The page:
At Bumble Hole, we specialise in egg and nothing but egg – processing up to six million eggs a week from our facility on the outskirts of Bromsgrove.
The business was started in 1961 by my grandfather, William, and father, David. First it was a small-holding, before becoming an egg supplier to a number of regional supermarkets in the 1970s and 1980s.
As our customer base grew, we dedicated ourselves solely to processing, developing a line of pasteurised egg products. And with the help of a government grant, we started hard-boiled egg and mayonnaise production in the mid-1990s. Today, we receive eggs from around 200 farms.
I joined the business in 1996, having spent a couple of years working on the south coast after leaving university. Today, I am both owner and commercial director of the business, but my father still likes to have a hand in everything. As we’ve grown over the years, we’ve both learned to delegate more, and I think our roles are now very clearly defined.
£10m investment in the site
Since 2010, we have invested around £10m into the site, in everything from egg storage to offices to a staff canteen. Our egg-breaking capacity means we can break 250,000 eggs an hour, producing whole egg, whites and yolks, as well as blended egg.
We break 16 hours a day, five days a week, and have a night crew for cleaning. Eggs come in on day one, we process them on the second day, and aim to deliver them on the third.
We don’t process too much on Fridays as, understandably, customers are not keen on losing two days’ shelf-life – so this means Mondays can be incredibly busy. Thankfully, the 35–40 people who work in the production area are committed to putting the hours in to make sure is everything processed. They understand that some of our customers could grind to a standstill if we fail to deliver on time.
Each day, we start with the organic and free range eggs before moving on to cage or intensive. The egg-breaking device has two sections: the top compartment collects the yolk, the lower one the egg white. If the yolk splits, it will fall into the lower section, so we have a camera system in place to reject it and divert it to a balance tank.
We have two pasteurisers, which take the liquid egg from 4°C to 53°C for egg white and to 66°C for yolk – any hotter and it will scramble. The liquid is held for 3.5 minutes before being cooled right down again.
We can pack in a variety of formats, from 5kg pouches up to 0.5t Pallecons. It’s important to offer this flexibility, as many of our customers only require small quantities for glazing.
The UK egg market continues to grow at about 4% a year, with manufacturing and foodservice accounting for almost half the market value, and we believe our place in the market puts us in a good position to capitalise on a number of opportunities.
Currently, around 20% of egg product consumed in the UK is imported. However, a number of food safety incidents around egg production – including last year’s fipronil contamination scare – have made manufacturers, retailers and the public more interested in where their eggs come from.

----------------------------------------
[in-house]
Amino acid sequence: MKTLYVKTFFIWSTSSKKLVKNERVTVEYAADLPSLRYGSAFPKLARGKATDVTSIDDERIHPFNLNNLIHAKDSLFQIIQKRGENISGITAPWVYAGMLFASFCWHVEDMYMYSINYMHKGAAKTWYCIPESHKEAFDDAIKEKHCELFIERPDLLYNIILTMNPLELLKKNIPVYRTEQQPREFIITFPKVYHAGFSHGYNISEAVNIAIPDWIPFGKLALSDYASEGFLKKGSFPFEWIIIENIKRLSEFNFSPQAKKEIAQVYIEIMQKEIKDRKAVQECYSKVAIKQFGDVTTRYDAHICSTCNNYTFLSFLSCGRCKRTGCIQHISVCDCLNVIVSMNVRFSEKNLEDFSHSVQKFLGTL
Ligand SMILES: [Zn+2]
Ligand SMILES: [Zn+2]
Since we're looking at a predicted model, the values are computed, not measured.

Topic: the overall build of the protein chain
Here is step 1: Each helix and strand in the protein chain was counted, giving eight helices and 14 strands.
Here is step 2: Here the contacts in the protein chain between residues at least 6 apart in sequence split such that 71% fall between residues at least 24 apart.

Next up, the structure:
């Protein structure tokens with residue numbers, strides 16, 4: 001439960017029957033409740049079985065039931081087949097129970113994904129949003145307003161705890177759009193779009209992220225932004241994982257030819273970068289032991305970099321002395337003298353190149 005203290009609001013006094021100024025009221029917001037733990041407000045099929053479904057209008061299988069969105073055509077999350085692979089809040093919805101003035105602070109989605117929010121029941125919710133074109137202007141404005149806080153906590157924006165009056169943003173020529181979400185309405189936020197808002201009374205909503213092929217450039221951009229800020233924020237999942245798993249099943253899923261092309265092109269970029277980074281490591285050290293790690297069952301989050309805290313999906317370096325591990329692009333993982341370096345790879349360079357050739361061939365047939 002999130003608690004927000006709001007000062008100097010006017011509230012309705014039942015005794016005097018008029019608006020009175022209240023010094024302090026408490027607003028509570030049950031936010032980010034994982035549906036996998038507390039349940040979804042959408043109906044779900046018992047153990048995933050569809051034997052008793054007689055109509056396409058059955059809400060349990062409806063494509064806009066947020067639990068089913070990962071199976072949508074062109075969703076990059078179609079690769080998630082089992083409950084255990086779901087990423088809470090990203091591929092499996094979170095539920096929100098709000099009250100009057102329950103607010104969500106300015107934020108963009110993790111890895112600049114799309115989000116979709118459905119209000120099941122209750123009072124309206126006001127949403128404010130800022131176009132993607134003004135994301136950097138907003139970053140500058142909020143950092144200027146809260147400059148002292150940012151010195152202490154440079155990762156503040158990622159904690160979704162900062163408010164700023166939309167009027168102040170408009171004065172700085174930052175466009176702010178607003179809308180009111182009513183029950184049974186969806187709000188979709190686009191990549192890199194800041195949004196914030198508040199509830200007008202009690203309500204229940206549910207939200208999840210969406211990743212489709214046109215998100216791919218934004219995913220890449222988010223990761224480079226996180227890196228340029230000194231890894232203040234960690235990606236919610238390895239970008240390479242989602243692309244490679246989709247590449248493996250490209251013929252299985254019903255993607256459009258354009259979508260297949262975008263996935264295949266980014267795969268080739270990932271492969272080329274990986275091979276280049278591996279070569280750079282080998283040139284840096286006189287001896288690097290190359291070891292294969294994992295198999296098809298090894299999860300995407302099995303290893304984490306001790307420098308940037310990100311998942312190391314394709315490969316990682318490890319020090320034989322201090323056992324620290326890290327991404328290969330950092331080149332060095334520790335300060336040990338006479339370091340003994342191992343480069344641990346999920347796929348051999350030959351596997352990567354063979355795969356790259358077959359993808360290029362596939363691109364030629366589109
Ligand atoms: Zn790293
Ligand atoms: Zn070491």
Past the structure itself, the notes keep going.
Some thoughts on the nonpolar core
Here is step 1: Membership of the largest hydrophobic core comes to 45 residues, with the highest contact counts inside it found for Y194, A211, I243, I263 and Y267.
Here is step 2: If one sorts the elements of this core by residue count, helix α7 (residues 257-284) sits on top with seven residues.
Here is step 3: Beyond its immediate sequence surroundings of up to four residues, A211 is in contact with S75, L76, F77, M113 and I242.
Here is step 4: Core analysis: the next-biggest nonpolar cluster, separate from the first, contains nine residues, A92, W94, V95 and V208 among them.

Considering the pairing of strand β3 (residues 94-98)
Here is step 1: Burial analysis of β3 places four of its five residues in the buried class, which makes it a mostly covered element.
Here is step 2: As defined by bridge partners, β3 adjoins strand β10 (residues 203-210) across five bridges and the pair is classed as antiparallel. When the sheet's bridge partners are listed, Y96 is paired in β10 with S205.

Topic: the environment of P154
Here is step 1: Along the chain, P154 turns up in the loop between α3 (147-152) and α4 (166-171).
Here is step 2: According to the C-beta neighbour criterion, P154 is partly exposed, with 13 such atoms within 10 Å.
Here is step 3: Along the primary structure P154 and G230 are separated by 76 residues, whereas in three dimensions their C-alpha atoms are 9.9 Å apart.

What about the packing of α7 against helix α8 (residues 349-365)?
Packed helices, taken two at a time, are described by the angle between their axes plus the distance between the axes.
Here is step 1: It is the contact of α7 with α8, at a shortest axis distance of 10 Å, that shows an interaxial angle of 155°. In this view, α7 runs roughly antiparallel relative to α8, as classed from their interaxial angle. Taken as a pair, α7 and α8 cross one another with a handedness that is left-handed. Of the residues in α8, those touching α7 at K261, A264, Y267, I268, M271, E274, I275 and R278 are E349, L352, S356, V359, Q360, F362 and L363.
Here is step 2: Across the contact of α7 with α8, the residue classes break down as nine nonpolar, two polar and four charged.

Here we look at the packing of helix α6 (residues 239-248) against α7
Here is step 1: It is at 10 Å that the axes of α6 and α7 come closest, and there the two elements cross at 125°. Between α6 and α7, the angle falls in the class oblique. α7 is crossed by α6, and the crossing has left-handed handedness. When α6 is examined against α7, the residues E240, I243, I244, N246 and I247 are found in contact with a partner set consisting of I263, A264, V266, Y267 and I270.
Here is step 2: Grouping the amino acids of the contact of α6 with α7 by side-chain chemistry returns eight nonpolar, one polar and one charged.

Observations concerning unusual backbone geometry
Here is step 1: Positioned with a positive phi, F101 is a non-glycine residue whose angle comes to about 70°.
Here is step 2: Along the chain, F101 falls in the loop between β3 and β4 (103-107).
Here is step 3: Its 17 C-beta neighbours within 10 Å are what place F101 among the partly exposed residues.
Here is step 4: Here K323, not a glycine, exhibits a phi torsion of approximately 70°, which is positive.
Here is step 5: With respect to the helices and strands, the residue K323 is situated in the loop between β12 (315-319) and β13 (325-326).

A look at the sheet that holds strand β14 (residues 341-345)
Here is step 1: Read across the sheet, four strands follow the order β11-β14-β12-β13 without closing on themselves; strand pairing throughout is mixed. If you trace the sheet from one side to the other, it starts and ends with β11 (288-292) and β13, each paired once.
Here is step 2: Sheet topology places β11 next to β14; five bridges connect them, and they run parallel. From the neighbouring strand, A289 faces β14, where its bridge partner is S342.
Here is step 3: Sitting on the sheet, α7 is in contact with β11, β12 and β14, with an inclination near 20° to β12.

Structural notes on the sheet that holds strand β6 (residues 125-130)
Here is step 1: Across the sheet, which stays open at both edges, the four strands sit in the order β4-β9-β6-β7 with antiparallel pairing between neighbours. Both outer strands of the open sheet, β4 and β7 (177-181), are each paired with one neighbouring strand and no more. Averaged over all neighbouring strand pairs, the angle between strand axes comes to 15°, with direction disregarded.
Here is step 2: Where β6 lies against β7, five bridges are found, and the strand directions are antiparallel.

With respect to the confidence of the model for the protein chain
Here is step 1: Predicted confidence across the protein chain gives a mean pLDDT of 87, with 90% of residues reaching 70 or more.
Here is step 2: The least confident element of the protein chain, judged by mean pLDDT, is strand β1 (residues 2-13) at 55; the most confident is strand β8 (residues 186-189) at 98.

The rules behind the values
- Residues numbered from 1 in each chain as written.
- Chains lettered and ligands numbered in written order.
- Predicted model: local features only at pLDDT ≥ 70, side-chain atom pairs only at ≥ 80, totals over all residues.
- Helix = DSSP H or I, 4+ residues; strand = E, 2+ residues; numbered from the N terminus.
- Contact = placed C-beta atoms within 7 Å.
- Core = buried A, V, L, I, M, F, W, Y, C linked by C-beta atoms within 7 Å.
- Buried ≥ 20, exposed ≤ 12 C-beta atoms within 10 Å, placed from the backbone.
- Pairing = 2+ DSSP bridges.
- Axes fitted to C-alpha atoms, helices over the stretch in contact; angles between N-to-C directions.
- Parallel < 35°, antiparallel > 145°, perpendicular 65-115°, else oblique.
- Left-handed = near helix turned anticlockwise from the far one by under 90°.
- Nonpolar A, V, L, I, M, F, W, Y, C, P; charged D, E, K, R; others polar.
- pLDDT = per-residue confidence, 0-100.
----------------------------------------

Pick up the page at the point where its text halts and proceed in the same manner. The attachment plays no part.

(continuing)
This is where the British Lion assurance scheme comes in. Lion covers all businesses in the egg supply chain, from the feed mills, to the farms, to us – and there isn’t an assurance scheme in Europe that measures up to it.
One example is with egg pasteurisation. Under the Lion scheme, the heat treatment specifications are very tight, whereas the European equivalents tend to just say the liquid has to be heat-treated, and little more.
Surety of supply
Having Lion-specified eggs is also likely to help with surety of supply post-Brexit. We see leaving the EU as both an opportunity and a threat. On the one hand, the potential for tariffs and border delays wouldn’t be good for imported egg, with its limited shelf-life. On the other, if the UK strikes trade deals with countries where quality standards are lower, it could depress the value of the UK market.
Further opportunities lie in the types of products we can offer. We’re in the process of installing a new £2m hard-boiled egg production facility on-site, on the back of increased interest from customers. The factory will also allow us to make poached and scrambled eggs, and boost our egg mayonnaise production.
We’re looking at creating the sort of instant egg pots you buy in the likes of Starbucks. It’s part of a journey to developing a brand of our own, which may mean we acquire a food business, possibly a bakery. Noble Foods bought desserts maker Gü a few years ago, and there’s no reason why we can’t do something similar.
Another of our aims is to work more directly with farmers, and have longer-term contracts to better guarantee the price and quality of eggs. It’s all part of being a modern food processor that can offer our customers product assurance, consistent quality, competitive prices and efficient supply.
Bumble Hole Foods
Location: 36 Rocky Lane, Bournheath, Bromsgrove, Worcestershire. B61 9HU
Size: 7,430m2 (increasing to 8,360m2 in 2019)
Main products: Liquid pasteurised egg, peeled hard-boiled egg, egg mayonnaise.
Weekly output: 250t liquid egg, 625,000 hard-boiled eggs, 6t egg mayonnaise.
Hewston: Has a first-class BA in Business Administration from University of Brighton.